-- from an average of 30 years to 75 years. Plagues that once
killed a third of Europe have been wiped out. Epidemics have dwindled
in both number and size. Each generation is taller, stronger,
healthier, and faster than the previous.
- Average IQs are rising 3 points per decade, in all nations,
races and classes worldwide.
Of course, the human race is not completely out of the woods yet.
Over-population, pollution, and nuclear war are serious threats
to civilization which may do us in yet. But there are global
organizations that are dedicated to fighting these threats and
educating the public about them. If historical trends are any
guide, we may be cheered by the prospect of continual improvement.
The above account simply describes the advance of Western Civilization.
Let's take a closer look now at the driving forces behind it:
science and society's increasing liberalism.
The forces of change
To put the last 400 years in perspective, we should define
"liberalism" and "conservatism" in the historical
sense. Traditionally, conservatism has meant the conservation
of past beliefs, culture, language, music, tradition, property,
family, religion, literature, history, architecture, symbols,
land, etc. Liberalism, on the other hand, promotes continual progress
and change in all these institutions. Indeed, such change has
been occurring at an accelerating rate.
The list of things conservatives would like to preserve may seem
quite unrelated at first, but ultimately they can all be boiled
down to one factor: information. Society's main activity is the
transmission of information from one generation to the next. It
does this in countless ways: genetic information is passed on
through our DNA, cultural information is passed on through traditional
practices, scientific information is passed on through education,
linguistic information is passed on through communication, productive
information is passed on through apprenticeship, property information
(who owns what) is passed on through inheritances (both living
and mortal) or market transactions.
Clearly, there was a time when information did not change all
that much, and it was possible to conserve it, even for millennia.
Property stayed pretty much in the family; science crawled ahead
at a glacial pace; the Catholic Church preached the same theology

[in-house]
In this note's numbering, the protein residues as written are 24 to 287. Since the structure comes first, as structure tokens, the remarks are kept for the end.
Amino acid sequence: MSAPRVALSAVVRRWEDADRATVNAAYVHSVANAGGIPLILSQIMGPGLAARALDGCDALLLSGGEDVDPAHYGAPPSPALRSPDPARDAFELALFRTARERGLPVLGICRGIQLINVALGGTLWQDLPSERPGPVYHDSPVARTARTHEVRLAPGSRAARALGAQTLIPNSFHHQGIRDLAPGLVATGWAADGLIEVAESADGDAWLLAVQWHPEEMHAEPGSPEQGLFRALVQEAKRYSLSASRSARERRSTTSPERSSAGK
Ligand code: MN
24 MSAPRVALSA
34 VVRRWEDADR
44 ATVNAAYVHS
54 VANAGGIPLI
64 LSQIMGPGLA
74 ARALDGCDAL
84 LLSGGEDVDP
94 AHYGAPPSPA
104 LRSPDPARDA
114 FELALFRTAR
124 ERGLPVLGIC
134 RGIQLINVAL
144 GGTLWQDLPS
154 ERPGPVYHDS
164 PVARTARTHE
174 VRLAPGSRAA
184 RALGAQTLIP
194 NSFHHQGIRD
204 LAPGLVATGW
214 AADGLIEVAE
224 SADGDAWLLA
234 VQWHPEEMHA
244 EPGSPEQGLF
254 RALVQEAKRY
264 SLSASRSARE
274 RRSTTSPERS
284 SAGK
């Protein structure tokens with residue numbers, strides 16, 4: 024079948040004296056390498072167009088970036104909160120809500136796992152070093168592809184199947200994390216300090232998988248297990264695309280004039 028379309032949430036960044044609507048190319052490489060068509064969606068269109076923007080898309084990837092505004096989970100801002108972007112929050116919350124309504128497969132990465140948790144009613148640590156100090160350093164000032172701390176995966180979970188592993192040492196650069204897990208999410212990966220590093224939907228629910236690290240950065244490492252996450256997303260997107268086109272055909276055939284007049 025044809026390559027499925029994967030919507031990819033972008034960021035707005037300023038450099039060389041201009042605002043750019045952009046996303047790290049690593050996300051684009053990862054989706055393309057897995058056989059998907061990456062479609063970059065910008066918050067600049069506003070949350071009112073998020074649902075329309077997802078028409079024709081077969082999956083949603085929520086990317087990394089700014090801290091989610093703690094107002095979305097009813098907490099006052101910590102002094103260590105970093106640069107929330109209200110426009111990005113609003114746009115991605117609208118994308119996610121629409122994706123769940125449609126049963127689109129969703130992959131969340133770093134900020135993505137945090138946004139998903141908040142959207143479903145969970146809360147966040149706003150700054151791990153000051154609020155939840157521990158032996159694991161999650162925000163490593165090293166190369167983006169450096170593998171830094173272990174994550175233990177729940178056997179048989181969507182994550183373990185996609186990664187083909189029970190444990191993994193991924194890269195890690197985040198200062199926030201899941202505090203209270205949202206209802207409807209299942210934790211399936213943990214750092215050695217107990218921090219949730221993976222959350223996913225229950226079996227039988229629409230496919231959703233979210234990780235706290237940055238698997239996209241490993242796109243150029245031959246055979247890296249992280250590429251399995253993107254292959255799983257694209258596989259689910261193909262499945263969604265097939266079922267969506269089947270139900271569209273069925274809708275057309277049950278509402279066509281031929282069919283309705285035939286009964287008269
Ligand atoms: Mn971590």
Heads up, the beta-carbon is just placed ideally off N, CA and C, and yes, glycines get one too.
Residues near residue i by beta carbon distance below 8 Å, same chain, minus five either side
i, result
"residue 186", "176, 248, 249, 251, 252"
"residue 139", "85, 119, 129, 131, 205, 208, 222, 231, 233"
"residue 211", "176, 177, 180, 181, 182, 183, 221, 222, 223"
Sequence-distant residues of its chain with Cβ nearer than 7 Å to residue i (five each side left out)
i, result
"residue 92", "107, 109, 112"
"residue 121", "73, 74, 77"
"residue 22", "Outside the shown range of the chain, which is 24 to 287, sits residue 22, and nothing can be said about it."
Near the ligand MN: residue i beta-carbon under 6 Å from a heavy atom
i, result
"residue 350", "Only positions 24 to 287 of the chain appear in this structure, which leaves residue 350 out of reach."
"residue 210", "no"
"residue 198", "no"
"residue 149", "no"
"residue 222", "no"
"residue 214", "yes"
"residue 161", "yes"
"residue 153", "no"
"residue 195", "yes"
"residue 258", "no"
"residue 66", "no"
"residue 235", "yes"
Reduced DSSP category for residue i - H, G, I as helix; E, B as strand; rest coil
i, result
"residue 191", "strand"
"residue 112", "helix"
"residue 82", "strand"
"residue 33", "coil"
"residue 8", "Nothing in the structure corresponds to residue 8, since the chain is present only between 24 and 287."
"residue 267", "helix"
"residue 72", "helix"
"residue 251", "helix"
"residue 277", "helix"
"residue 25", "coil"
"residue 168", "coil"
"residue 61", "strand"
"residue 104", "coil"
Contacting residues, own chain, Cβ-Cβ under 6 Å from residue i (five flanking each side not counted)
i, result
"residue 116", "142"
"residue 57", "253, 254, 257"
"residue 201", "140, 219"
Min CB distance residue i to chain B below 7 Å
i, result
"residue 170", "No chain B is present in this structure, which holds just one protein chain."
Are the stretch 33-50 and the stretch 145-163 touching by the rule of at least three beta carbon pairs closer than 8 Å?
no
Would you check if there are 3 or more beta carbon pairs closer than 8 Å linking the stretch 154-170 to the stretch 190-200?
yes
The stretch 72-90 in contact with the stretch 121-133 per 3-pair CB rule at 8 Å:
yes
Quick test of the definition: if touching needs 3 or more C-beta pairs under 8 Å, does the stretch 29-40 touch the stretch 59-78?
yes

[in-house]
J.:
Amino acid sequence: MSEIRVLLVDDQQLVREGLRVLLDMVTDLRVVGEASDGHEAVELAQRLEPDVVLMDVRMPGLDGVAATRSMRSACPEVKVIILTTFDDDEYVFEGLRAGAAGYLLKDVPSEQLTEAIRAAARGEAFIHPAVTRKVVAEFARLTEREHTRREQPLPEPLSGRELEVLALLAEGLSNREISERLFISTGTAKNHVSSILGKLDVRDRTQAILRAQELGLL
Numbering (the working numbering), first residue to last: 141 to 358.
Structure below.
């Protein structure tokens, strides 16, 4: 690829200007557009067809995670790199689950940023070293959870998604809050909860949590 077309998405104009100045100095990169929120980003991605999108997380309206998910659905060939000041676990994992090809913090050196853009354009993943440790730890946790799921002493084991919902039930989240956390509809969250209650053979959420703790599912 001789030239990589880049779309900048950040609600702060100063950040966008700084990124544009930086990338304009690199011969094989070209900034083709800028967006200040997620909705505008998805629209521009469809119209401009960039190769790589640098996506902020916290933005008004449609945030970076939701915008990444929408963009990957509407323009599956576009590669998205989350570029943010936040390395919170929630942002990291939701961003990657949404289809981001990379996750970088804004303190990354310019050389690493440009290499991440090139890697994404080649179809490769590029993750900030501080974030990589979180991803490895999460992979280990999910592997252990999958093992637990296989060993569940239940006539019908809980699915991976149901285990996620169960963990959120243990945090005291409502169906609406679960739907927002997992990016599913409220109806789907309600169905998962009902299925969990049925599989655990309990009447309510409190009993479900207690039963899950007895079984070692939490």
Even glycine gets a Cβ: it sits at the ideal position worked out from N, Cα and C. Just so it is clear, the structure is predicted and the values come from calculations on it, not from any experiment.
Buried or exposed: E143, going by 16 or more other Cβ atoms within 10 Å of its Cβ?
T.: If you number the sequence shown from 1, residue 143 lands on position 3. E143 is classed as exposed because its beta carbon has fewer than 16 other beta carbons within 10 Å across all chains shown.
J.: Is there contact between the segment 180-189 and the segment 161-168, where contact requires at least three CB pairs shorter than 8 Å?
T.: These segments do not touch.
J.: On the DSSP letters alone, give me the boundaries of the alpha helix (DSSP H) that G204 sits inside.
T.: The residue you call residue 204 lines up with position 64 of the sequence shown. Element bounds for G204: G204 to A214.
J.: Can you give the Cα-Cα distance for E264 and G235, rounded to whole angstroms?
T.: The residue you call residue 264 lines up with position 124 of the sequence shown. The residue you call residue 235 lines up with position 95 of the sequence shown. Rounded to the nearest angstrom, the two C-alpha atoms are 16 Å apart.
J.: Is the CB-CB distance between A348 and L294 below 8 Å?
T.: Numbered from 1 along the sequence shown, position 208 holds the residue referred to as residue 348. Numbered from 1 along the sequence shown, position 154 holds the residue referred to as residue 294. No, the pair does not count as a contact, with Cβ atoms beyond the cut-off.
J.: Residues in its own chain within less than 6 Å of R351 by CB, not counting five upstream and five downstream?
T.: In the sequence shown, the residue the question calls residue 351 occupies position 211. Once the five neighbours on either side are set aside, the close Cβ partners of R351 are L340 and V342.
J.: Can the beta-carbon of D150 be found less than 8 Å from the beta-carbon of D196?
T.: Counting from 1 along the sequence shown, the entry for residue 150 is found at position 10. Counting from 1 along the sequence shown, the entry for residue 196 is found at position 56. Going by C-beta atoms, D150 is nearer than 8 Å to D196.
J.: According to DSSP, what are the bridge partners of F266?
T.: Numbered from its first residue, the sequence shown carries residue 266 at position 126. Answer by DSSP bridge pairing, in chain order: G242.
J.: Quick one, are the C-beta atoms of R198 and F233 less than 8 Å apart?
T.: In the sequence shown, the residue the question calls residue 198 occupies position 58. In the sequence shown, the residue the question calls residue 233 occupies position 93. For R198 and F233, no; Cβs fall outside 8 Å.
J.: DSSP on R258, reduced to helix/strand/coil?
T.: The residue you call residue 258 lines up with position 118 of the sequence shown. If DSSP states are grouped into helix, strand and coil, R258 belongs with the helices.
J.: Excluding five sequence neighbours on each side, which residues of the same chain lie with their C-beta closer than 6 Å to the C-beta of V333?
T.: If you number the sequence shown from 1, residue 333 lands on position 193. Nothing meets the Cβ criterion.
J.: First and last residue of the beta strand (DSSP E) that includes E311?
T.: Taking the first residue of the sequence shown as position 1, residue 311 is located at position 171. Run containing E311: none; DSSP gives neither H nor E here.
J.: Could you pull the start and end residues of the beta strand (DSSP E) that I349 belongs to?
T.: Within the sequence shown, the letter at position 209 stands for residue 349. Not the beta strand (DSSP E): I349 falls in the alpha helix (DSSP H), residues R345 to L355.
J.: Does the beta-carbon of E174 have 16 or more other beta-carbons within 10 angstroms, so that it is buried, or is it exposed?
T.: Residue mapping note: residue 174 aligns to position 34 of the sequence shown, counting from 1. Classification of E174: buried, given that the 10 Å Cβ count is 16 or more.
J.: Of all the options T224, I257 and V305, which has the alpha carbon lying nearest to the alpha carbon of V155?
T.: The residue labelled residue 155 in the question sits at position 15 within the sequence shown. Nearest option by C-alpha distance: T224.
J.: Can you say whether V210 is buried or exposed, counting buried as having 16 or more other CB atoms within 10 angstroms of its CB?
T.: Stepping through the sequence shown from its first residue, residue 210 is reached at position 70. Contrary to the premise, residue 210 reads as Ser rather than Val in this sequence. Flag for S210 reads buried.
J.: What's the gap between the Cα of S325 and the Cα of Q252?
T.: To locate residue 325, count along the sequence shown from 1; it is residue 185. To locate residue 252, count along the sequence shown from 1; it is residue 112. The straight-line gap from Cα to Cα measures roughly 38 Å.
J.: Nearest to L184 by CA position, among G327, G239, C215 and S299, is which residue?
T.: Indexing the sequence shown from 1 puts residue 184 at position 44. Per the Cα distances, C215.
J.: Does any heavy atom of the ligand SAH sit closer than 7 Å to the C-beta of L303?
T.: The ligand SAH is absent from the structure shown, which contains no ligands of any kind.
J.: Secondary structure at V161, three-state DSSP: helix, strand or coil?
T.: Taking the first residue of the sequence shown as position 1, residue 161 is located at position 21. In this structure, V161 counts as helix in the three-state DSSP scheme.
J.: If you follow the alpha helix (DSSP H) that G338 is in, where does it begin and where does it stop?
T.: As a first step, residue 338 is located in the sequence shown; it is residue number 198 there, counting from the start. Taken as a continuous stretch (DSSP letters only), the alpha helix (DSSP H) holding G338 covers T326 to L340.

for 1,500 years; even genes differed no more than the local region's,
since individuals spent their entire lives in one village. But,
as we've seen above, this all started to change about 400 years
ago. Increasing ease of travel (especially by ocean) resulted
in global trade, travel and communication. People with different
ideas, cultures, philosophies, religions and, yes, genes came
into contact with each other. The Scientific Revolution began,
leading to the Industrial Revolution, and then the Communication
Revolution. The Protestant Reformation shattered Catholic hegemony
over religious ideas -- and it is no accident that this occurred
shortly after the invention of the printing press, which disseminated
its ideas. Property became less transmitted by family and more
by market transactions in a dynamic economy. And the driving force
behind this accelerating change was the growth of information
of all types, especially as embodied by science and technology.
The conservative approach to science has been to claim that there
are timeless truths, such as Christianity, family values, the
work ethic, and patriotism. Hans Morganthau (a famous conservative
political scientist in the 20th century) found timeless
truths in the work of Thucydides (a Greek historian in the 5th
century B.C.) who described the power politics of states and their
desire for military security. Morganthau then made the classically
conservative statement that the extreme age of a theory is not
a weakness, but a strength. (There are many refutations to this
sentiment, most notably slavery, which has been almost universally